I was taken into “Casualty” and then sent for x-rays. We were shown the x-ray (I could have done without that) and told that my kneecap was broken into two large pieces along with a third small sliver and that I would need surgery to reconnect the pieces with wire and tension banding. An initial groin to ankle cast was put on my right leg to stabilize the knee pending surgery. Surgery in a strange hospital in a foreign country…..oh boy.
The surgery went well. I will leave the issue of post-op pain and discomfort to your imagination. Post-surgery, I was situated in the orthopedic wing in a ward with five other women. Yes, I said “ward” and “five other women” . . . no semi-private US-style rooms. My bed had no push-button clicker to raise or lower the head or foot of the bed. And, no, it didn’t have the old-fashioned crank either. It had to be manually lifted and repositioned into another “slot” or “tooth.” The ward had one small television, on a stand, and there were no bedside phones. Being in the bed nearest the windows, I did have a lovely panoramic view of the countryside. Downside? The shared loo was at the opposite end of the ward.
I spent six days in the Sligo General ortho ward working toward being able to make the seven-hour plane trip home to New Jersey. My husband kept vigil with me most of each day and the ladies in my ward quickly adopted him. Mr. Macey prepared me for the trip home, transitioning me from my post-op cast to a hinged brace that allowed limited bending of knee and I was given some physical therapy, all efforts aimed at making it possible for me to board a plane and endure the hours in the air. Day and night the nurses and orderlies were there monitoring pain levels, dispensing medication, and providing physical support in the ward. During my six days in hospital, I consistently saw the courtesy, patience, responsiveness and sensitivity of the nurses, doctors, orderlies, physios, and food service and housekeeping staff as they interacted with patients and with each other. You can tell a lot about people by the way they respond to and interact with the elderly and others who are most unable to help themselves and so the most vulnerable in an institutional setting.
One morning, I asked Patrick, who was serving breakfast, if there might be a banana I could have as my stomach was in rebellion after a few days of aspirin-based pain meds. Patrick smiled and said he would see what he could do. He returned with a banana and a yogurt that he thought would be good for that upset stomach. More than that, he also handed me a slightly green second banana saying that he was off the following day and thought I might need it tomorrow . . . and that it should be just ripe by then. That act of thoughtfulness gave me as much comfort as any pain medication. Well, almost as much.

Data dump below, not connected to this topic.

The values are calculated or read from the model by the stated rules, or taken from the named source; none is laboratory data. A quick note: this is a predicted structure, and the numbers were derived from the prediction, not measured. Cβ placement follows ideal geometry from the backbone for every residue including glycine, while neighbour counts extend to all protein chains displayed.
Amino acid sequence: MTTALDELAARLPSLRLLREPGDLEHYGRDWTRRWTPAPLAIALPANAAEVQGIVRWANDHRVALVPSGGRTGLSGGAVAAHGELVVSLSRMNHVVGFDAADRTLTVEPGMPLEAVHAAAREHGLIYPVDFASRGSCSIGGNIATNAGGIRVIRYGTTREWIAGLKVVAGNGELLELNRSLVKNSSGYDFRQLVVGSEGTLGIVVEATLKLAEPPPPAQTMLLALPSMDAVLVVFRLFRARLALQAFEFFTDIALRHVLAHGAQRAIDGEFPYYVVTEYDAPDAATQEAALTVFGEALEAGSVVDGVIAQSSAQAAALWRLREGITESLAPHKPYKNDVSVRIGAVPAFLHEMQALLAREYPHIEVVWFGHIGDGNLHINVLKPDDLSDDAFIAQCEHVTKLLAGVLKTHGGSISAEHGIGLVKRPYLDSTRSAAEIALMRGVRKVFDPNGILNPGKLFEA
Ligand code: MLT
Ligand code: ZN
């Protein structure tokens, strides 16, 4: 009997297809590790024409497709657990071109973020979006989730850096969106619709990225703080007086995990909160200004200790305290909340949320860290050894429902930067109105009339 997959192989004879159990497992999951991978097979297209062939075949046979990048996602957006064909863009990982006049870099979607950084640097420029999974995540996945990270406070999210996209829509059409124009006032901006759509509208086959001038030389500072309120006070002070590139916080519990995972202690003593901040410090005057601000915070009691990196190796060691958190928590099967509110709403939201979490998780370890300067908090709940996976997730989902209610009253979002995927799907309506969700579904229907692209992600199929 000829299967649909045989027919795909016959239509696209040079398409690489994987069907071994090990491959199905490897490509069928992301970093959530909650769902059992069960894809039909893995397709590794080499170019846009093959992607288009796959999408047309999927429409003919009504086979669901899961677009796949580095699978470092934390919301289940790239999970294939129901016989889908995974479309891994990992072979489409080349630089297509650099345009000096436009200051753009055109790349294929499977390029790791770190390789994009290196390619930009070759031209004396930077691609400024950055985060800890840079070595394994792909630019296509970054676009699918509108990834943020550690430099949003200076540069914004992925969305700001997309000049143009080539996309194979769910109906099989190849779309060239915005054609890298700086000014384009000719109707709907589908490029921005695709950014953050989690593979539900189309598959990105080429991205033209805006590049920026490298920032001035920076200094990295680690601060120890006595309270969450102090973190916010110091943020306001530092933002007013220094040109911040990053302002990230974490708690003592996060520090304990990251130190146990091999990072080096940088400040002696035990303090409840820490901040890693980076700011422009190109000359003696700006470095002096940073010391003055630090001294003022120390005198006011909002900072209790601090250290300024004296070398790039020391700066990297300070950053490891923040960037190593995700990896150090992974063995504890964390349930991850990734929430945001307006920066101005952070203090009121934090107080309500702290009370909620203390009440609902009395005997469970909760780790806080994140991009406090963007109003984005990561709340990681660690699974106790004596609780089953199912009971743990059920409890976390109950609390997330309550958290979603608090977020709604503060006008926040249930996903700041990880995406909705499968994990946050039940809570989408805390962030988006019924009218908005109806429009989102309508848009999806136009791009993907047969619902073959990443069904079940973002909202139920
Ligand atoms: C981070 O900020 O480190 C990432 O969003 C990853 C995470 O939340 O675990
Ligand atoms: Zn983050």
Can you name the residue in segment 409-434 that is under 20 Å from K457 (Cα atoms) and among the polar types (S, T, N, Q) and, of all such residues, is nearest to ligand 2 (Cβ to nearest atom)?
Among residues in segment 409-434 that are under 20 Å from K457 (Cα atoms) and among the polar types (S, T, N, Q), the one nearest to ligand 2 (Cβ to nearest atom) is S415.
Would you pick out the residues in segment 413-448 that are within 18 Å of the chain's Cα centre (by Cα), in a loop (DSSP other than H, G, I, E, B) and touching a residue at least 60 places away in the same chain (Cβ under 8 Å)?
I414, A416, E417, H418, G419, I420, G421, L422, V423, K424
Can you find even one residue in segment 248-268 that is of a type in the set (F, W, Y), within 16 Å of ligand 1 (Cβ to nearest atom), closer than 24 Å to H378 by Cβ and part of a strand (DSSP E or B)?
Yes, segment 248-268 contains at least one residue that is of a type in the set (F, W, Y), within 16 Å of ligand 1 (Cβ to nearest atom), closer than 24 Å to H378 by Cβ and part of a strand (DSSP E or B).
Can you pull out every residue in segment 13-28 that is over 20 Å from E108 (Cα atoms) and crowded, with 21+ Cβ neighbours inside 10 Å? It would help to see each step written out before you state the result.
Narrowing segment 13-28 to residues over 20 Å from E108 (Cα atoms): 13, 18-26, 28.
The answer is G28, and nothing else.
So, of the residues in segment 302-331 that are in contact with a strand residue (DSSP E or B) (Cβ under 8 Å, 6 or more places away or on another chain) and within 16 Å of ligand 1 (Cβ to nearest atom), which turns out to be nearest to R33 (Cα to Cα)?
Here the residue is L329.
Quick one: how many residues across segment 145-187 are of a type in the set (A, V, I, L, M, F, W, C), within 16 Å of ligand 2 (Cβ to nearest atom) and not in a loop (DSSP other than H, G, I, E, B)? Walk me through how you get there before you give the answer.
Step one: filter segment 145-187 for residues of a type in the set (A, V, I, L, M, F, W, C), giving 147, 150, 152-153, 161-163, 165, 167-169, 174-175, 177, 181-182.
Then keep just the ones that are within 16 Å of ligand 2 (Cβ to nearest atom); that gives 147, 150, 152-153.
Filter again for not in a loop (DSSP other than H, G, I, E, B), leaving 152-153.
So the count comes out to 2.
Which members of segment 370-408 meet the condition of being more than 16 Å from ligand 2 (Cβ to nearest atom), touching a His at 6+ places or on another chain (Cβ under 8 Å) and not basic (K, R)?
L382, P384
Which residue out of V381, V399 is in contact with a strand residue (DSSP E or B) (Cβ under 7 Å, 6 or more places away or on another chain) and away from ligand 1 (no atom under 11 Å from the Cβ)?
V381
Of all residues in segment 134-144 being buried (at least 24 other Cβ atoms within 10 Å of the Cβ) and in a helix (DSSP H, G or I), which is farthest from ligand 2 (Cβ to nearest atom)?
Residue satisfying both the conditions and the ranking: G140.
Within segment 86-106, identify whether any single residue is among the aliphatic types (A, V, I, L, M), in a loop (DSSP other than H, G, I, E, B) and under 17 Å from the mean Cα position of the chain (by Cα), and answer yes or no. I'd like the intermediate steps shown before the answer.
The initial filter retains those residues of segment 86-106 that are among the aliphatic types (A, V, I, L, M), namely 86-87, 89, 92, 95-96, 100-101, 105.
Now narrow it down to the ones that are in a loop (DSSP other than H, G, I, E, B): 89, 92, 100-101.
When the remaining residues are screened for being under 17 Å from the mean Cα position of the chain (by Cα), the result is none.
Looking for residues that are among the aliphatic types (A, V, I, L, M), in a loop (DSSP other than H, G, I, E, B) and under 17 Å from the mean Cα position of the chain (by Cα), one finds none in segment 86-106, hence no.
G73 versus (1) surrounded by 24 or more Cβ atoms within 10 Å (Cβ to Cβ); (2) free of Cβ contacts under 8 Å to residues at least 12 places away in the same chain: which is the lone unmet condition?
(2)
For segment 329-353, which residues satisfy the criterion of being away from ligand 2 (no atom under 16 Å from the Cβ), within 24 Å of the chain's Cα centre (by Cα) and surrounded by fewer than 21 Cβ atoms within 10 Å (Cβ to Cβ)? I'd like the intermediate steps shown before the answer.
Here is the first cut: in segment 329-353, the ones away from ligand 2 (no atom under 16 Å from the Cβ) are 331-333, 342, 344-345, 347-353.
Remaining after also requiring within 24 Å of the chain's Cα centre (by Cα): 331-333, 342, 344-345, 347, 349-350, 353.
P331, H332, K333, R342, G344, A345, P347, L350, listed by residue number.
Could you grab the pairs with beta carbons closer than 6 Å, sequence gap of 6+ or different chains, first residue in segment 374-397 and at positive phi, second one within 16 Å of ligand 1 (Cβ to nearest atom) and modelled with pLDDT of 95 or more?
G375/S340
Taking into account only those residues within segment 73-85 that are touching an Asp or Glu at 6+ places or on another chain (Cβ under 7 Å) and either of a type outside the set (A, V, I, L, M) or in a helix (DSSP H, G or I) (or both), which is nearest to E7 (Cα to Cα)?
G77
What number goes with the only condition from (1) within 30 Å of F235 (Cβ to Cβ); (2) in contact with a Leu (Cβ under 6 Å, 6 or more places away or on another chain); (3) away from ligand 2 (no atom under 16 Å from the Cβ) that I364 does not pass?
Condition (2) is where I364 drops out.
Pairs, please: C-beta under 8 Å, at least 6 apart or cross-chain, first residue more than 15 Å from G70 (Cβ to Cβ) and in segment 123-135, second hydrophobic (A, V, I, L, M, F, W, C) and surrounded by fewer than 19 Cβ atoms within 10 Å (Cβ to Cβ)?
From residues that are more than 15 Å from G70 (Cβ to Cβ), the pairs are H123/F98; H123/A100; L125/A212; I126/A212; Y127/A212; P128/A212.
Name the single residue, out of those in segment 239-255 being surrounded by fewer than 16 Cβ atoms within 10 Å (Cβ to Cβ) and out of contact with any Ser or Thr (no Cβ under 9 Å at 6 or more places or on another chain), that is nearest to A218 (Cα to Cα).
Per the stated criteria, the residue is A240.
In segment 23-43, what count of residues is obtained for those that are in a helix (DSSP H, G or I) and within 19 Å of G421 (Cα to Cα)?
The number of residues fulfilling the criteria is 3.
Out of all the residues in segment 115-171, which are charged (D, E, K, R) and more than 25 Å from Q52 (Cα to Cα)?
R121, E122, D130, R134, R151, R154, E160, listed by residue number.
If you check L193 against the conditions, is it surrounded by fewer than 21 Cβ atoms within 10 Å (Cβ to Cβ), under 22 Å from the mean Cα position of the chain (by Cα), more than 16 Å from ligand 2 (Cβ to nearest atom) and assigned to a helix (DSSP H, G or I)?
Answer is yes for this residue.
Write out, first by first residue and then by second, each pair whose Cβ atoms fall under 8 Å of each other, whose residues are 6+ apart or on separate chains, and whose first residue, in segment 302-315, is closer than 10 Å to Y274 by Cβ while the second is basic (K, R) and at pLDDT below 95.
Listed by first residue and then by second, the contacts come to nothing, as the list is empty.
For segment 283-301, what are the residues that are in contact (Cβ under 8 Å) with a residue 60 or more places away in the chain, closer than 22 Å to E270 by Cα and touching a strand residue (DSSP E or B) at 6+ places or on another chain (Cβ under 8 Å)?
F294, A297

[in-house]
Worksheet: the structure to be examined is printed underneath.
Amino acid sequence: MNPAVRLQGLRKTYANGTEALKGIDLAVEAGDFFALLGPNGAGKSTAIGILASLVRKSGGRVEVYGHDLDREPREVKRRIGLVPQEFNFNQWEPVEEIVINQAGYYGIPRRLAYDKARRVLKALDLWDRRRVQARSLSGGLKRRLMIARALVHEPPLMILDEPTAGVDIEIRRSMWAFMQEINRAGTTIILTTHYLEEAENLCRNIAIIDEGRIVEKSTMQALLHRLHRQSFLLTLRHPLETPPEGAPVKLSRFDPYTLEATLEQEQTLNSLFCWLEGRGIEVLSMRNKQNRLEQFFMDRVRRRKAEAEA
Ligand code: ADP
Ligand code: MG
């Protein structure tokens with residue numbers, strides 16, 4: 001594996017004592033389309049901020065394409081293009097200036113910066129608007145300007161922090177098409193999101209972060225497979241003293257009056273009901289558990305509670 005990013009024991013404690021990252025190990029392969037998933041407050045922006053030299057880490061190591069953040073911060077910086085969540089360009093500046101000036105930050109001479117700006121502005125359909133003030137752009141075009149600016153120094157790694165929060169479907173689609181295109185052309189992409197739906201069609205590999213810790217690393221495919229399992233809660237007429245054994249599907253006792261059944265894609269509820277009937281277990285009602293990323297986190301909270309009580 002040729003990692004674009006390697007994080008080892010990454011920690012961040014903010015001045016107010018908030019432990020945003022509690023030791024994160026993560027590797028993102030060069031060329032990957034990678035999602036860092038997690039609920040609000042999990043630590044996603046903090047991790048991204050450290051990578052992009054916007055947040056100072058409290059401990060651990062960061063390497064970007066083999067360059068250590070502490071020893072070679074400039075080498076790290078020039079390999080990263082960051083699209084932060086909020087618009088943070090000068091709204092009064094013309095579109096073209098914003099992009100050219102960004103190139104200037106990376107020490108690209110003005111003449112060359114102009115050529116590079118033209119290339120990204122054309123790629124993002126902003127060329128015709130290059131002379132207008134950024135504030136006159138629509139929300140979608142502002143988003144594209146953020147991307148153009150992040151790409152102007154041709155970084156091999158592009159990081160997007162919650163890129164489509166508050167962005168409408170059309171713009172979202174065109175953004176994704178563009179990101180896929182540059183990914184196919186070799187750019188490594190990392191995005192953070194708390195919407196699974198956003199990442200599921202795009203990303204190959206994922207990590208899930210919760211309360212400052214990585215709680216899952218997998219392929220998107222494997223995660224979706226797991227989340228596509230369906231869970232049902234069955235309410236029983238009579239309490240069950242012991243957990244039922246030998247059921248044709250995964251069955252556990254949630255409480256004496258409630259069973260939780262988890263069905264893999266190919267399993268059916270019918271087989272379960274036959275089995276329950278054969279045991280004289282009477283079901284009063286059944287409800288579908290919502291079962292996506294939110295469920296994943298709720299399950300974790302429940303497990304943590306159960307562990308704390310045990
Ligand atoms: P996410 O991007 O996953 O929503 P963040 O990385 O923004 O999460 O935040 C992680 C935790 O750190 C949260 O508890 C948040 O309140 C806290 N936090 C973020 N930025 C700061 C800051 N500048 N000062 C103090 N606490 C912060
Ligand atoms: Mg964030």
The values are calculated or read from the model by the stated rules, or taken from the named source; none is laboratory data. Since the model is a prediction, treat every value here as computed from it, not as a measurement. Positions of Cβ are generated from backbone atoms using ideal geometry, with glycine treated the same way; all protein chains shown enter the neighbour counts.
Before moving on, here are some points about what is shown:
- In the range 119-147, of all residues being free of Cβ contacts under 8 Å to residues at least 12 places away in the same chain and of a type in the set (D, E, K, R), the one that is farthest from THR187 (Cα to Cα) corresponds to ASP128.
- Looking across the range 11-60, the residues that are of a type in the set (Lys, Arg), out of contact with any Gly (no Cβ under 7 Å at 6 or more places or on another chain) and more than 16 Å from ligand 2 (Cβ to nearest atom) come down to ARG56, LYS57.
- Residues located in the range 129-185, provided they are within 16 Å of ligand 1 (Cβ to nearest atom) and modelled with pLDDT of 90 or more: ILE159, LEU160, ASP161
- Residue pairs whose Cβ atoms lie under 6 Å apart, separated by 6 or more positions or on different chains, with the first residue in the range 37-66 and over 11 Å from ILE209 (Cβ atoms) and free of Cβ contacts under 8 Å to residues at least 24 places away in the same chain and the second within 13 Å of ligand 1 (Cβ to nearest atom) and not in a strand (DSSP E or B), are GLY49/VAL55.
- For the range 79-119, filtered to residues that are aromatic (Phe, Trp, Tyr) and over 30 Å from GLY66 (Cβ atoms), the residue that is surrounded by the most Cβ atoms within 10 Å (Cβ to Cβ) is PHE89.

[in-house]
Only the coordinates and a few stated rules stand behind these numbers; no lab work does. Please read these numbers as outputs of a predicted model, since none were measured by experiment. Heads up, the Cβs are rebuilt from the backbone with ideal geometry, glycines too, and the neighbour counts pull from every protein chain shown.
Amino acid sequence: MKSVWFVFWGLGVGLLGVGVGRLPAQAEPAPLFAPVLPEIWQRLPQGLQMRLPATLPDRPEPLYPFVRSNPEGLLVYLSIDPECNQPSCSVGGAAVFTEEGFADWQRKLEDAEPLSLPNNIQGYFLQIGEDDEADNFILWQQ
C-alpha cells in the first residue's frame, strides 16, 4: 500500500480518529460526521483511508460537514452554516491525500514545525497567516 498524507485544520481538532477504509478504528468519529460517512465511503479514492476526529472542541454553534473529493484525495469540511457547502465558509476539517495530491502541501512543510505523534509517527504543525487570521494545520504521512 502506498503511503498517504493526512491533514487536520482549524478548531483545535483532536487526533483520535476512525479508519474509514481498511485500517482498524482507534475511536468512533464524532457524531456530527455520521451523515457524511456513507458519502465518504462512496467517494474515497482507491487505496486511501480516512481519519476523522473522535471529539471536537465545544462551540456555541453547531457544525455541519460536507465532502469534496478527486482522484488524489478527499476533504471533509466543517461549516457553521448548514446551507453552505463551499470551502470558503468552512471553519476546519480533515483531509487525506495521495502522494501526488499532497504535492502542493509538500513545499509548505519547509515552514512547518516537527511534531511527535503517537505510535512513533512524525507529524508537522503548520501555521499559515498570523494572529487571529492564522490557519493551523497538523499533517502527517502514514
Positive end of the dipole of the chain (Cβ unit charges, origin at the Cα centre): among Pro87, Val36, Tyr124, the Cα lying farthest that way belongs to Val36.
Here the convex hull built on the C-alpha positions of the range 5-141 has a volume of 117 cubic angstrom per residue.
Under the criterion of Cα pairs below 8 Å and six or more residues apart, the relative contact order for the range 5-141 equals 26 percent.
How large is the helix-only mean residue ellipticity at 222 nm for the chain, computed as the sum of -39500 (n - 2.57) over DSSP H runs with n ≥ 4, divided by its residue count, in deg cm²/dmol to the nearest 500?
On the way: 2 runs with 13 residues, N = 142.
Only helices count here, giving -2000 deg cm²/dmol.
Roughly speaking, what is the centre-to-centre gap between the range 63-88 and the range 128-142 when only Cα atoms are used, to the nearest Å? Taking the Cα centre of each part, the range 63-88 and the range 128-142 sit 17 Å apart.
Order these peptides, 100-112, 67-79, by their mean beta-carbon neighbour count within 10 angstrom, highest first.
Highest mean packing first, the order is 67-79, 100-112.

During my days in the hospital, I shared stories with the staff and my fellow patients. I told them about my thirty-year quest to discover my grandmother’s Irish family ancestry and how I finally succeeded and came “home” to Sligo. After telling my new friends my Irish story, I asked many of them (patients and staff) to tell me about themselves and they graciously did so. There were personal stories and precious memories that were shared with me, some of them poignant and some that set me to laughing so hard I was breathless, each one a gift. Whether sad or comical, all the stories were uniquely Irish, threaded together with love of country, culture, family and faith.
Not long after my surgery, I had my husband bring my camera to the hospital and, with their permission, I photographed more than three dozen of my new Irish hospital friends including fellow patients, nurses, doctors, aides, food servers and housekeepers. Their beautiful genuine smiles radiate from those photos. A friend looking at the photos told me she swore she could see halos over some of their heads. I don’t doubt that as, to me, they will always be “The Angels of Sligo General.”
One of the stories I told my ward-mates was that of Asenath Nicholson, an American social worker who visited Ireland just before and then again during the Great Famine of the late 1840s, intent on helping the poor Irish population. She wrote the book Ireland’s Welcome to the Stranger in which she described the warmth and kindness of the impoverished suffering Irish and the particular generosity of the devastatingly deprived and oppressed Irish Catholics she crossed paths with and who invited her to share their meager provisions. One hundred sixty-four years have passed since that book was first published but I found the Irish people unchanged in their kindness to another American stranger.
We invite you to leave a comment for Maureen below.